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Old 06-25-2008, 11:40 AM   #1
teiben
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Specifying line number with sed


This is my first post, I'm taking my first Linux class and I'm stuck mid way through an assignment using sed. I need to "Capitalize the first t in line 5 and 11. (there are many t's in each line). Below is line 5

"'t'3hs s2m3 v'3hs'3ht~," K'3h4g G3~g3 th3 1st mutt3r3d, "t9pp'3h4g 9t my ch9mb3r d2~-


I've tried many combinations below, as searched high and low for the answer, it must be documented somewhere.

sed '5,5 s/t/T/' blue_bird_of_paradise.txt
sed s'5,5/t/T blue_bird_of_paradise.txt

any help would be greatly appreciated.
 
Old 06-25-2008, 12:19 PM   #2
ADxD_7
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----------

Last edited by ADxD_7; 06-25-2008 at 12:21 PM. Reason: double post
 
Old 06-25-2008, 12:21 PM   #3
ADxD_7
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This is how I would do it -


cat <filename> | sed -e '5s/t/T/' -e '11s/t/T/'

That will replace the t with T only in the 5th and 11th lines - and only the first instance of the "t"

And just so you know why it works - sed only works on the first instance of what you want to sub(or whatever) on the line you specify (unless you tell it otherwise)- so 5s says only work on the 5th line - then I tell it when you find the first "t" replace it with T - and so on with the 11th line - the -e separates the different sed commands to run - if you wanted to replace all the ts with Ts on lines 5 and 11 you could just add "g" to make it global at the end, like so:

cat <filename> | sed -e '5s/t/T/g' -e '11s/t/T/g'

I am sure that you could do it other ways as well - this is just the easiest IMHO

Regards

Last edited by ADxD_7; 06-25-2008 at 12:28 PM.
 
Old 06-26-2008, 07:25 AM   #4
teiben
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Huh? I suspect this is a joke? I don't see the command sed nor 5, nor t.
for(;P("\n"),R-;P("|"))for(e=C;e-;P("_"+(*u++/8)%2))P("|"+(*u/4) %2);

ADxD_7
I tried the code but got the message: -bash: syntax error near unexpected token `|'
Thanks for the explanation, I guess I read the syntax wrong that default it only replaces the first instance of it. So with out the g (global) it only replaces the first instance;
 
Old 06-26-2008, 07:36 AM   #5
teiben
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Now I'm really confused. The first command I ran (below) actually works, it replaces all * with t.

sed 's/*/t/g' blue_bird_of_paradise.txt

I shorted the syntax above and when I run it (or any other command) in an effort to Capitalize the first t in lines 5 and 11, it UNDOES the first command, the t's go back to *

sed -e '5s/t/T/g' blue_bird_of_paradise.txt

help
 
Old 06-26-2008, 06:56 PM   #6
ADxD_7
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I gave you the sed command in the post -

cat <filename> | sed -e '5s/t/T/' -e '11s/t/T/'

You do not want to use the /g in this case - forget it - I was just trying to explain it to you



the "|" is a pipe - you have to pipe the file with cat to sed (well you dont have to but I like to) - just replace the <filename> with the text in the file - I even made a file with your exact line and put it at line 5 and 11 - works perfect - only caps the first t in each line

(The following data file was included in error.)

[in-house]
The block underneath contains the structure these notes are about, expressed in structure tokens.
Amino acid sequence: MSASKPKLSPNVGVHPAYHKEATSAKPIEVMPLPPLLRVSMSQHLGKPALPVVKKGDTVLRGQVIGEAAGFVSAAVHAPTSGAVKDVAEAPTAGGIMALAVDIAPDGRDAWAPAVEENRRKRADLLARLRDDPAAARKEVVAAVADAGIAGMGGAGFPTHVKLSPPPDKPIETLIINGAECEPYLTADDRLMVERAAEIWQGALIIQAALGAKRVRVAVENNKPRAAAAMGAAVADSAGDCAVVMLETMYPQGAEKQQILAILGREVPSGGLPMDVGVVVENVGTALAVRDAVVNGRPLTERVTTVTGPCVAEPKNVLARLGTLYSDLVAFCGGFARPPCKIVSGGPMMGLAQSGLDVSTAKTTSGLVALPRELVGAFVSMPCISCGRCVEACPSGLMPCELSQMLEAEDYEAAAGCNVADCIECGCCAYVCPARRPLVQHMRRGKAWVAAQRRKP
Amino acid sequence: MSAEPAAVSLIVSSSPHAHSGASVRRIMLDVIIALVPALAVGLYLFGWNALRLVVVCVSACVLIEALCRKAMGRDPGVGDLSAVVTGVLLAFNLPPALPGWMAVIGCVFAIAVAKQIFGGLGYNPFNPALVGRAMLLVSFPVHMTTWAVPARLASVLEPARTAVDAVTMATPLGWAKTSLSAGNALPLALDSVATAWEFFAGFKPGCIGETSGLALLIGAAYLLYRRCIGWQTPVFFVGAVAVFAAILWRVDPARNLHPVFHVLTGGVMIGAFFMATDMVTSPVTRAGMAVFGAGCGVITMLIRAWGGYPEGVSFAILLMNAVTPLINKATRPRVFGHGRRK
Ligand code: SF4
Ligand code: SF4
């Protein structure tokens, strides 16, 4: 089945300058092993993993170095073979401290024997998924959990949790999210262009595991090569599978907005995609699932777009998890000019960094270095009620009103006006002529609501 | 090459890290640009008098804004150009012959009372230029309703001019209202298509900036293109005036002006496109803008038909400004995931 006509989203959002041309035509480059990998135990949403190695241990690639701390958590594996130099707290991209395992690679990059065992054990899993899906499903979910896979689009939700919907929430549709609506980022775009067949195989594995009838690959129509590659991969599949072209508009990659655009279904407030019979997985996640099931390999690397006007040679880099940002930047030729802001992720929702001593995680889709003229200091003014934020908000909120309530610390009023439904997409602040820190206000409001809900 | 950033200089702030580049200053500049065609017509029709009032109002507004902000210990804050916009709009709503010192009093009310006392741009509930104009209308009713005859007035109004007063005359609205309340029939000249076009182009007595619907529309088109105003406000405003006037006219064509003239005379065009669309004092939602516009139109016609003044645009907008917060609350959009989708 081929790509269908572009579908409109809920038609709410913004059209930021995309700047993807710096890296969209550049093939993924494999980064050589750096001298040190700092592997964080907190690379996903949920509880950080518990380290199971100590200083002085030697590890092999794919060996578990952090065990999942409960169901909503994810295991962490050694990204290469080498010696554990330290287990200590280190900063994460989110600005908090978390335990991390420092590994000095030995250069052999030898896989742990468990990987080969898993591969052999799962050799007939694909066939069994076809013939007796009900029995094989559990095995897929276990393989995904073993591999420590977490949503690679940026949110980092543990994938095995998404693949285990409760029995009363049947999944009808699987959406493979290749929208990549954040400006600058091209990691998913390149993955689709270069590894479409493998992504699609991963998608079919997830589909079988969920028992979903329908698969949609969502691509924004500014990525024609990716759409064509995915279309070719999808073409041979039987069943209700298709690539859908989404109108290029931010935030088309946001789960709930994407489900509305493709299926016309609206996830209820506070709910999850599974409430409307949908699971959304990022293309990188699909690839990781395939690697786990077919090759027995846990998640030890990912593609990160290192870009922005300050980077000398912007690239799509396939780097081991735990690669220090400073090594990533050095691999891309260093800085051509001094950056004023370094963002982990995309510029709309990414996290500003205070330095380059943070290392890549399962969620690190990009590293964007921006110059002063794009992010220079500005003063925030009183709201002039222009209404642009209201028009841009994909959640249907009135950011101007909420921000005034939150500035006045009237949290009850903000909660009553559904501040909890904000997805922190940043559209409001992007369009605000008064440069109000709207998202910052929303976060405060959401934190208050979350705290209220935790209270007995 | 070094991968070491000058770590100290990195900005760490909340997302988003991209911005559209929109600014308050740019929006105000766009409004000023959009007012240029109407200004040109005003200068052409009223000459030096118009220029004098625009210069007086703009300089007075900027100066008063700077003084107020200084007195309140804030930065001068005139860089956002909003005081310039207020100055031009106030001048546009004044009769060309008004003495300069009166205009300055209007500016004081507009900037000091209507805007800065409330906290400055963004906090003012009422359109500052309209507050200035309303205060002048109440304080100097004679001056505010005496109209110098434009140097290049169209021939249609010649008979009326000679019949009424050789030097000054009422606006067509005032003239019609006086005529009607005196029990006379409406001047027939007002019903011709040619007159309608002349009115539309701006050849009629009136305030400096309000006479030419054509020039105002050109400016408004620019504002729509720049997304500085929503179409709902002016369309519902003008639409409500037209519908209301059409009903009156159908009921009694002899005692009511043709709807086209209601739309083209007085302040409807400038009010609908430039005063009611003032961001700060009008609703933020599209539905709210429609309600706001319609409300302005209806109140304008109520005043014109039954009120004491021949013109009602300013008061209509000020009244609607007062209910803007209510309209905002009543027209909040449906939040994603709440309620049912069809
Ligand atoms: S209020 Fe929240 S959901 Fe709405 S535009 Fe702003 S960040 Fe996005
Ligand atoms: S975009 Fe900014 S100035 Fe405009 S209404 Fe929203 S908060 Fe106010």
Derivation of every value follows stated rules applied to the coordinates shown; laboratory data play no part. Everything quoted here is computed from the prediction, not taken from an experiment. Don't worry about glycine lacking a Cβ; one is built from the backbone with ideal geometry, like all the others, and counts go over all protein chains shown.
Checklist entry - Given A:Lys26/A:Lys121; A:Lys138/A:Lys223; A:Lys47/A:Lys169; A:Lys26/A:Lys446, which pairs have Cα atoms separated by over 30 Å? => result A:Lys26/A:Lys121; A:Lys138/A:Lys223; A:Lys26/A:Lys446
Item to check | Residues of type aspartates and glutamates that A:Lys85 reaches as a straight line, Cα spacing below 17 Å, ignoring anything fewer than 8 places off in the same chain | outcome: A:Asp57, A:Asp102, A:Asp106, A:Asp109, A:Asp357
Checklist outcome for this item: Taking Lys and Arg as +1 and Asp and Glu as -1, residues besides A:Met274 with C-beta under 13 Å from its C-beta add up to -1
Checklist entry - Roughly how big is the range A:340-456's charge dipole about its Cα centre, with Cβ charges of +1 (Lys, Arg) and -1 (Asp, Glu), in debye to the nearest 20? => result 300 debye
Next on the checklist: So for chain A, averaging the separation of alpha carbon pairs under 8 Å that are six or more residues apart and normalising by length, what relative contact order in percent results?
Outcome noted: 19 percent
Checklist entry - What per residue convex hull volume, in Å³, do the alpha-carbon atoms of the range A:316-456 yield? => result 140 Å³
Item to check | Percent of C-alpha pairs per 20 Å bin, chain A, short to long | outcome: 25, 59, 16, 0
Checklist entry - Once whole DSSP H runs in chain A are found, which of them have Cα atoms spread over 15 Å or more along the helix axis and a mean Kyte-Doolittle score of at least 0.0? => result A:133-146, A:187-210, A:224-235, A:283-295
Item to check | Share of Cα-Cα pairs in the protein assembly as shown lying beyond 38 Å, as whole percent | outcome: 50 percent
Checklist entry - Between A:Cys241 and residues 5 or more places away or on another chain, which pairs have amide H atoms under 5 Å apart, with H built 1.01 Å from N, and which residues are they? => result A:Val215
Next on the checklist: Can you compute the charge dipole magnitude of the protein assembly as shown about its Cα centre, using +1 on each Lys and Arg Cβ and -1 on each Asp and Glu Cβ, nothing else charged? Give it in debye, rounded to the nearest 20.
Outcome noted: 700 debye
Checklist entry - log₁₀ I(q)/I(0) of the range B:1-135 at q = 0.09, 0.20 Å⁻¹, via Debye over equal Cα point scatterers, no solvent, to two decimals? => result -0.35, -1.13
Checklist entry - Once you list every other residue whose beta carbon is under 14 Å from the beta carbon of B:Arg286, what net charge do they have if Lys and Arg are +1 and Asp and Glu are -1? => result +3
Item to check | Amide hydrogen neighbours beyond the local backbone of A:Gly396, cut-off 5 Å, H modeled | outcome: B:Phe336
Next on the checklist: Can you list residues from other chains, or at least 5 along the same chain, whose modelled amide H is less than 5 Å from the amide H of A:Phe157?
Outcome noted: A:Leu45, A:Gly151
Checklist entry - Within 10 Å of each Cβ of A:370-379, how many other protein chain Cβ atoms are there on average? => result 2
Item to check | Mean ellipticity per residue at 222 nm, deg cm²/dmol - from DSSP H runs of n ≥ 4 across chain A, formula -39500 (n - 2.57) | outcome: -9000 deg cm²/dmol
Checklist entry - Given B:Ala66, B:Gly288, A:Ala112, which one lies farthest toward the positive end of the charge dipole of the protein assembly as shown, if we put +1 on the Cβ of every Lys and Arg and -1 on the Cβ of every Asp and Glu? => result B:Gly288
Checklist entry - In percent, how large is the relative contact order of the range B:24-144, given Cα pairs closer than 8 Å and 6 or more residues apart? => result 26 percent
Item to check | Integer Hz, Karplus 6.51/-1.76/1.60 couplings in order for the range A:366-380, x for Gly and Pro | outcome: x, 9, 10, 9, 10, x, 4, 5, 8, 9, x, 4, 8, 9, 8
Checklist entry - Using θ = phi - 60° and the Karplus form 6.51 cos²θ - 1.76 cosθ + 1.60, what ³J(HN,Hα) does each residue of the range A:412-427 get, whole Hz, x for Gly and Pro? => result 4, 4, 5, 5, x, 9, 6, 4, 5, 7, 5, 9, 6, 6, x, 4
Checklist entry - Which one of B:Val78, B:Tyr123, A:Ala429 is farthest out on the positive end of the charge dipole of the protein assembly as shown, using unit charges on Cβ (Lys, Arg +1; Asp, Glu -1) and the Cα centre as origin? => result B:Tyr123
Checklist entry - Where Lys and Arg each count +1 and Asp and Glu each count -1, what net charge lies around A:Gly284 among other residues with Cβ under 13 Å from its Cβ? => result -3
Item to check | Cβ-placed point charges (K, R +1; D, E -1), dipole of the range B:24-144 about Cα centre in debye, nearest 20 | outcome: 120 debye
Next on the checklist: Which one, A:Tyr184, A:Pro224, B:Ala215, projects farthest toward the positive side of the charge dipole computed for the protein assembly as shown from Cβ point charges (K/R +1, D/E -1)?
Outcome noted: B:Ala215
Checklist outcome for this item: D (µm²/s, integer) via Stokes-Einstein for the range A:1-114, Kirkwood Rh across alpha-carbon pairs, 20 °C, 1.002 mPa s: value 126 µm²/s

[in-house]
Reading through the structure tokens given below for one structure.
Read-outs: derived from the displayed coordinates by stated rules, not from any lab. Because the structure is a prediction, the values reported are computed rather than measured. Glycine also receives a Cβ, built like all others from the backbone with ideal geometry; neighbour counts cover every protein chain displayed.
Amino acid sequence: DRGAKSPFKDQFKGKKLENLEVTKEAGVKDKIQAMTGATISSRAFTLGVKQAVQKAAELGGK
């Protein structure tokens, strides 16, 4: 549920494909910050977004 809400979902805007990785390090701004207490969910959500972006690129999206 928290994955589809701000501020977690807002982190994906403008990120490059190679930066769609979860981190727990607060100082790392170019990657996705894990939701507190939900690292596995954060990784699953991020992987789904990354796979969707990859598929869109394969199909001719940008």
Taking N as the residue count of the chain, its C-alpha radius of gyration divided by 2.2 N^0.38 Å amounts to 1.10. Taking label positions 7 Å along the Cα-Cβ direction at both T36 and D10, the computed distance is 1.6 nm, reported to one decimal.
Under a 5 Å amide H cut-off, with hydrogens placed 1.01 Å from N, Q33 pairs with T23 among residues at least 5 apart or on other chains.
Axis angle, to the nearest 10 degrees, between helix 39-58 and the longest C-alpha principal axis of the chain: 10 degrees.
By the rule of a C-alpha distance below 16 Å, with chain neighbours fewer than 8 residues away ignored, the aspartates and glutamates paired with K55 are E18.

You are on a linux box right?

O and I see your problem - sed only by default outputs to stdout - it does not save what it did in the file - you have to pipe it too a new file like so

cat blue_bird_of_paradise.txt | sed -e '5s/t/T/' -e '11s/t/T/' > blue_bird_of_paradise.txt.new (or whatever)

If you dont you will always be working on the same file -

And do not copy and paste into your terminal my commands it might not get the characters right - hence the


-bash: syntax error near unexpected token `|'

its because it made one of my single quotes a tick - yes thier is a differnce - if you put this in here by hand

cat blue_bird_of_paradise.txt | sed -e '5s/t/T/' -e '11s/t/T/' > blue_bird_of_paradise.txt.new

With only single quotes and the spaces just like I have it - your assignment will be in blue_bird_of_paradise.txt.new -

Last edited by ADxD_7; 06-26-2008 at 07:14 PM.
 
Old 06-26-2008, 07:19 PM   #7
ADxD_7
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Quote:
Originally Posted by teiben View Post
Huh? I suspect this is a joke? I don't see the command sed nor 5, nor t.
for(;P("\n"),R-;P("|"))for(e=C;e-;P("_"+(*u++/8)%2))P("|"+(*u/4) %2);
O and no offence but this made me LOL big time
 
Old 06-27-2008, 05:34 AM   #8
teiben
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Wink

Now I get it, duh, why the changes aren't being saved. Guess I was thinking that it would stay in memory.

I'm using a proxy to use the school's (Putty) Unix box actually.


O and no offence but this made me LOL big time - please explain.

Thank you very much for your time & effort.
 
Old 06-27-2008, 05:54 AM   #9
colucix
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Quote:
Originally Posted by ADxD_7 View Post
O and I see your problem - sed only by default outputs to stdout - it does not save what it did in the file
Unless you use the -i option to edit the file in place! Another issue (just a detail, indeed): you can run two sed commands without using two -e options. Just use the semi-colon as separator, as in
Code:
sed '5s/t/T/; 11s/t/T/' blue_bird_of_paradise.txt
 
  


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